DIVISIONS over plans to launch a US-led military strike against the Syrian regime of president Bashar al-Assad deepened last night, as world leaders gathered at the G20 summit in St Petersburg.
The host, Russian president Vladimir Putin confirmed that, although Syria was not on the official agenda, they would discuss the situation over dinner last night.
Ahead of those talks, Prime Minister David Cameron revealed the UK had evidence sarin gas had been used by Mr Assad’s regime against his own people.
The US and France have separately confirmed the use of sarin in the 21 August chemical weapons attack near Damascus, in which an estimated 1,400 people died.
Even before the G20 summit got under way, it had been overshadowed by the threat of escalation from Iran’s supreme leader, Ayatollah Khamenei, who warned the US “will suffer” if it launches a strike on Syria.
US president Barack Obama warned the “world’s credibility was at stake” over chemical weapons, but he struggled to convince many other nations, including China, Brazil and India, who joined Russia in opposing a military strike.
Germany said it had evidence the chemical weapons strike had been carried out by the Assad regime, but chancellor Angela Merkel, who is facing an election later this month, said her country would not join any military action.
She was doubtful world leaders would agree on what to do about Syria, saying: “I do not believe yet that we will reach a joint position.”
The G20 leaders were also urged by Pope Francis to hold back and look for a peaceful solution.
Mr Cameron arrived at the conference with his hands tied, following his defeat in the Commons last week on the issue of possible military action against Syria. But he made clear he still backed the US and other allies taking action.
The Prime Minister said he took “full and personal responsibility for the decision to recall parliament, for the decision to take a strong and principled stand against the gassing of children in Syria, and for putting forward as generous a motion as I could, to bring as many people with me as I could. Everyone who voted has to live with the way that they voted”.
He also said the UK had evidence of the sarin gas attack.
“All the testing that’s been done, including the testing we are doing at our Porton Down laboratories, all adds to the picture,” he said. “But I don’t think anyone is seriously denying that a chemical weapons attack took place. I think the Russians accept that. Even the Iranians accept that.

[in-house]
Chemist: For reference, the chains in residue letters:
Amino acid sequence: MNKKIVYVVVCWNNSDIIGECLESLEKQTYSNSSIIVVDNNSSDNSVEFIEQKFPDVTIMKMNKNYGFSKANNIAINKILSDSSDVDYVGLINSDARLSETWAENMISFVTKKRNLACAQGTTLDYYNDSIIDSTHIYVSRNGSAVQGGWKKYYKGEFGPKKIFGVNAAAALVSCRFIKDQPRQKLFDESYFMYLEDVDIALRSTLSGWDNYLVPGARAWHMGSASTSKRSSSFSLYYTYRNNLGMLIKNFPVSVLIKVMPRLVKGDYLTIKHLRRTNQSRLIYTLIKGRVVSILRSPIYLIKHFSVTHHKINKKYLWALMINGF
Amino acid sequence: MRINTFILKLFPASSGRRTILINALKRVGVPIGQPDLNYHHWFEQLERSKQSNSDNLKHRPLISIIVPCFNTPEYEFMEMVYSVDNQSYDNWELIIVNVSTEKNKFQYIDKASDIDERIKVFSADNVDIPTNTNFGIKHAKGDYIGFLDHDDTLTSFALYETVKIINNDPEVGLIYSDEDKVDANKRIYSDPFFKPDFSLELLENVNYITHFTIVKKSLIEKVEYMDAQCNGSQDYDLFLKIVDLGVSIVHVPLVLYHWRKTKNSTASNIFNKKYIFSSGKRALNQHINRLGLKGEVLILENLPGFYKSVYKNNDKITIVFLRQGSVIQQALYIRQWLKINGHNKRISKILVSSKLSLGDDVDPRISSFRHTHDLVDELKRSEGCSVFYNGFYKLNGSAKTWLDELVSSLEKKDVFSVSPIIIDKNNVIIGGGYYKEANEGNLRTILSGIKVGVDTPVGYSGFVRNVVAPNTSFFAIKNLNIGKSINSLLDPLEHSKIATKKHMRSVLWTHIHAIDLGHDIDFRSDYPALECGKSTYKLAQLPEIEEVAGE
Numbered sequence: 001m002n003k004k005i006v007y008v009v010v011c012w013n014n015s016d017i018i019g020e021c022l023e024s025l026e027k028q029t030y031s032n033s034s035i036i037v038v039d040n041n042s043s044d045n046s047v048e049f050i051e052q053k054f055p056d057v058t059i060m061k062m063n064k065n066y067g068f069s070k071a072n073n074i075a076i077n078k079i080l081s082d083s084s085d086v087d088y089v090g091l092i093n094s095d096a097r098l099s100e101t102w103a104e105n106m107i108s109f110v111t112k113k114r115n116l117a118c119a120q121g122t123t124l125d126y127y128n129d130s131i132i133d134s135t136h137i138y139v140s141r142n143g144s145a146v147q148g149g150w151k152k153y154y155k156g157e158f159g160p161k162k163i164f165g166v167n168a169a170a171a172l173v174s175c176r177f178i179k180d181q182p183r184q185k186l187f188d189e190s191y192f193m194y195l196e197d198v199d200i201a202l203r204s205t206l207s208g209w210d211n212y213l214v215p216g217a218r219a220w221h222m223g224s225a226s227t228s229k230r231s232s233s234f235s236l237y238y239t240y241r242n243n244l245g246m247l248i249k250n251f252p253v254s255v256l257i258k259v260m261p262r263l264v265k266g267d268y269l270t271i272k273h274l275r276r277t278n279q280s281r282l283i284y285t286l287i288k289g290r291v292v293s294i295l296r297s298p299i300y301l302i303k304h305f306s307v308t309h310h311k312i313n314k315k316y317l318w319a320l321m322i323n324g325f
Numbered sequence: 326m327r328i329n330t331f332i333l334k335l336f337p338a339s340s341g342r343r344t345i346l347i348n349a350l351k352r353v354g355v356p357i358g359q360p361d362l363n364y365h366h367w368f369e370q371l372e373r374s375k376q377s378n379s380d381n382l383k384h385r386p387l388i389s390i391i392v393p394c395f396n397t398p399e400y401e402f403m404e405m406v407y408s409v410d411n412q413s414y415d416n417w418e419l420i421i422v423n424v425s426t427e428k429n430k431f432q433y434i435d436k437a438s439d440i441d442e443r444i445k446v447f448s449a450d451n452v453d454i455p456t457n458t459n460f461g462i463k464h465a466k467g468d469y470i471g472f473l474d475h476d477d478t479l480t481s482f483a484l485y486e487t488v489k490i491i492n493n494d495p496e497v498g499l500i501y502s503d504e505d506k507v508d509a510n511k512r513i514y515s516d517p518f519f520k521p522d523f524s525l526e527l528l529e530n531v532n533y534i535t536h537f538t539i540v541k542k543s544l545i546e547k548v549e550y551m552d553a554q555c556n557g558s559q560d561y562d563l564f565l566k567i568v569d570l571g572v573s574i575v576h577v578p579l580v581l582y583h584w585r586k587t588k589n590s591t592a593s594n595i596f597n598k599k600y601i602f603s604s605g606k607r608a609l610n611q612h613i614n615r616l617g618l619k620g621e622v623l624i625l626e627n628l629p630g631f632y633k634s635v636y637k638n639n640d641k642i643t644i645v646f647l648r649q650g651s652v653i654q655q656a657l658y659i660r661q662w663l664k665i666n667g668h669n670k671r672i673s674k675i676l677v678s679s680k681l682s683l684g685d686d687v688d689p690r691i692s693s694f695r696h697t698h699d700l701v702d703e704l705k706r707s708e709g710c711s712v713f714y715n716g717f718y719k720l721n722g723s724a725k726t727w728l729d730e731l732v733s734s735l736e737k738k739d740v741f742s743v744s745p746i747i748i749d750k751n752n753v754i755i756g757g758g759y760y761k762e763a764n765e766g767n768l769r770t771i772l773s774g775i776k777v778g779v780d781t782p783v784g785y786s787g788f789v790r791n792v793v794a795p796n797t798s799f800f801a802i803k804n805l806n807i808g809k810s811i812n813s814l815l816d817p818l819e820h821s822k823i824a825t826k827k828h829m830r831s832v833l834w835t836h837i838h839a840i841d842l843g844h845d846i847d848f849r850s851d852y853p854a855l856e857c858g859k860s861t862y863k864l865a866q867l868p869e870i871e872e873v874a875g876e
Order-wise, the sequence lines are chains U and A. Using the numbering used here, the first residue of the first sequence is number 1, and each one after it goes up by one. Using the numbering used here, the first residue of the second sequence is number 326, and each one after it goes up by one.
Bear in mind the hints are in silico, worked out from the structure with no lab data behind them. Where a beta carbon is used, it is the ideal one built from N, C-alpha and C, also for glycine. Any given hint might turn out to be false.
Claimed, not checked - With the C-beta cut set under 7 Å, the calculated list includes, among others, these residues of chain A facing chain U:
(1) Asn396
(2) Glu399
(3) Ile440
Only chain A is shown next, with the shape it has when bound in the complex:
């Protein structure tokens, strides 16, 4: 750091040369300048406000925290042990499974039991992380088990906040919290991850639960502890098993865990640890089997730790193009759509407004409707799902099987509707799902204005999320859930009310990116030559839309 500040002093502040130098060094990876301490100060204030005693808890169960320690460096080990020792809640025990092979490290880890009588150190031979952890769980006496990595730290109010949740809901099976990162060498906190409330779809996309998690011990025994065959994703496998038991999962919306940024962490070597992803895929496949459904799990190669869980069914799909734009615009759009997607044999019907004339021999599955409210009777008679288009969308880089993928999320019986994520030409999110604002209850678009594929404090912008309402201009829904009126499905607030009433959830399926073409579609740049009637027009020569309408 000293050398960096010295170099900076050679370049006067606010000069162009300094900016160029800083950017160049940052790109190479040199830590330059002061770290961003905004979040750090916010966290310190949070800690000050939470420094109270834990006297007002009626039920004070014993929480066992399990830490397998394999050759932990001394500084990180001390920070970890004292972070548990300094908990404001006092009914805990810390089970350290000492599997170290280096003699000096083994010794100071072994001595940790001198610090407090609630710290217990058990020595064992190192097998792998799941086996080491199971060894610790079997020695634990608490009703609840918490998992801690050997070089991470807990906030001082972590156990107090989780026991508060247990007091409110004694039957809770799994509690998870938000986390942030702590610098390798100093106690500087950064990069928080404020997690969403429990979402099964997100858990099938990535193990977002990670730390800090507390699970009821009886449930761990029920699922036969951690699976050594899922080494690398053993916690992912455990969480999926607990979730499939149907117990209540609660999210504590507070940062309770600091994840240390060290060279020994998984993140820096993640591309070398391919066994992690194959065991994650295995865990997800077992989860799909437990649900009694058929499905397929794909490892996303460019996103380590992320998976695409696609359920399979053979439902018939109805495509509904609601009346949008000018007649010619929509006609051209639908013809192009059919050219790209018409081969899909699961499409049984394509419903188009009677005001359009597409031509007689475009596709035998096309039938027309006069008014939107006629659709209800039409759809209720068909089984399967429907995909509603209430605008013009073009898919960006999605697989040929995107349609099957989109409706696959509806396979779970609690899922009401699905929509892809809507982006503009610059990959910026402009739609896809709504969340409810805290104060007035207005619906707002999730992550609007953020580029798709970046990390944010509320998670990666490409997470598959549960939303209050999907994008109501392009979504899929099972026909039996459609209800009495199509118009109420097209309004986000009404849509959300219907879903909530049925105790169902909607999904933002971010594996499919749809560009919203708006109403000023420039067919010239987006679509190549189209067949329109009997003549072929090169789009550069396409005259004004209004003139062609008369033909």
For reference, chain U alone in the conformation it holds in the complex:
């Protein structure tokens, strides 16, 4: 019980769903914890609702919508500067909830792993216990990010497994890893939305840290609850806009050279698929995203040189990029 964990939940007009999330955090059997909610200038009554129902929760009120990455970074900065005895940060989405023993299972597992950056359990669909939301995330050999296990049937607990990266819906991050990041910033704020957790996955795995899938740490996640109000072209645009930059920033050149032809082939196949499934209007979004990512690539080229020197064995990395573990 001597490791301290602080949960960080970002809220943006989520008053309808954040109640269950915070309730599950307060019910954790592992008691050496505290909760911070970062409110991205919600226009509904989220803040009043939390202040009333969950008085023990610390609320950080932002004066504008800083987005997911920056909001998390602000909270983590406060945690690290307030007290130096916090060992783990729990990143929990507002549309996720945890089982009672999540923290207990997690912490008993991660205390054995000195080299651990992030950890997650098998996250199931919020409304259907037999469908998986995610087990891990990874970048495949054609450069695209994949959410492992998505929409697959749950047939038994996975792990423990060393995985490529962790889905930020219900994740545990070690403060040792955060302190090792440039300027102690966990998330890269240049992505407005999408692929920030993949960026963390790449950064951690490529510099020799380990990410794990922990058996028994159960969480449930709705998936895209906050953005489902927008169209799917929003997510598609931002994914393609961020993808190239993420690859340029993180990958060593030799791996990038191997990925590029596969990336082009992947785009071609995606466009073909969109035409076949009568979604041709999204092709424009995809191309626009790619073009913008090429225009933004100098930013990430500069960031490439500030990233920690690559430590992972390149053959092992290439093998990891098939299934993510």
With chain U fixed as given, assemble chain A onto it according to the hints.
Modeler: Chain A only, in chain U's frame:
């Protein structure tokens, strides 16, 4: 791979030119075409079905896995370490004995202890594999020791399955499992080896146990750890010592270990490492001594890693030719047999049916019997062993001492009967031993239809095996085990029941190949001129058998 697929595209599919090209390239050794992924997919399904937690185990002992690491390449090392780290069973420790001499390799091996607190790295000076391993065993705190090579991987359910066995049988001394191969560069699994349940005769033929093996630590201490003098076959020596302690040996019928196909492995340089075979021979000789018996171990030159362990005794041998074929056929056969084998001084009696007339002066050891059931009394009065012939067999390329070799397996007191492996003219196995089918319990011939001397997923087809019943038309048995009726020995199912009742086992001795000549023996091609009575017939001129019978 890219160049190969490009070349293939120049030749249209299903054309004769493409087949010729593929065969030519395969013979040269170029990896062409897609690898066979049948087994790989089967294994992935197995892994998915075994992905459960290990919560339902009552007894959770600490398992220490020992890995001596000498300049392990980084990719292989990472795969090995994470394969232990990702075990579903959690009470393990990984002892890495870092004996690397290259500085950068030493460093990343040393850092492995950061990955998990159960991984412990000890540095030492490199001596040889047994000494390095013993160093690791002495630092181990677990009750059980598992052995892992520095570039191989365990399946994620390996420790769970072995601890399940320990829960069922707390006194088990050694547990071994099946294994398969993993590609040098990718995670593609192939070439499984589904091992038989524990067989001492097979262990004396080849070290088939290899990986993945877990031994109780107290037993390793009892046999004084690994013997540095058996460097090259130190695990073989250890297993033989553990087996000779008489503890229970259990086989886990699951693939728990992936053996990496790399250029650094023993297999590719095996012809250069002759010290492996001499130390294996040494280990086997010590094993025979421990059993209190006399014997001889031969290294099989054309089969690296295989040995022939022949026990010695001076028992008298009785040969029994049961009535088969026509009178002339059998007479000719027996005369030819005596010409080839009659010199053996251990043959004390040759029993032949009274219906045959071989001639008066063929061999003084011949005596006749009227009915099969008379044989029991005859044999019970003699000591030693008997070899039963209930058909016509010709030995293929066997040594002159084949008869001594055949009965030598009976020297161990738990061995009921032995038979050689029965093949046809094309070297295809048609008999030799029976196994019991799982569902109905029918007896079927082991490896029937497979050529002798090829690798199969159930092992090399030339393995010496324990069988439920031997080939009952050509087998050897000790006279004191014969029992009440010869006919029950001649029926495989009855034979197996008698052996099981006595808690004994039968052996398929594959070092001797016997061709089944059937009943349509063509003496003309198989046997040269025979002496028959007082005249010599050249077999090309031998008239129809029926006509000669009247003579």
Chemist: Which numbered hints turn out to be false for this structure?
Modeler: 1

“The question is obviously convincing more people that the regime was responsible.”
At the start of the two-day summit, which was originally intended to focus on the international economic crisis, Mr Putin reiterated his opposition to any military action unless the evidence that chemical weapons were used by the Assad regime was strong enough. He said military action without UN approval would be “an aggression”.
His spokesman, Dmitry Peskov, said the US should wait for the report of UN inspectors, who investigated the alleged chemical attack, before intervening militarily, adding that Washington’s evidence of the regime’s involvement was not strong enough.
Mr Peskov told a briefing on the sidelines of the summit that the US evidence “was quite far from being convincing”.
The tension had been clear as Mr Obama arrived in St Petersburg. Stepping out of his armoured limousine at the arrival ceremony, he greeted his Russian counterpart with a few brief words and a handshake.
Turning to the waiting cameras, Mr Obama grinned before entering the ornate Constantine Palace. Praising the beauty of the palace, he thanked his host, who smiled at the American leader.
The exchange had been the most highly anticipated of the summit, but it lasted less than 20 seconds and was no more than business-like.
The White House went out of its way to say that, while the two men would cross paths at various meetings, Mr Obama would not be holding any one-on-one meetings with Mr Putin in St Petersburg.
The tension between them had grown over Russia’s decision to give asylum to CIA whistleblower Edward Snowden and American criticism of anti-gay laws in Russia.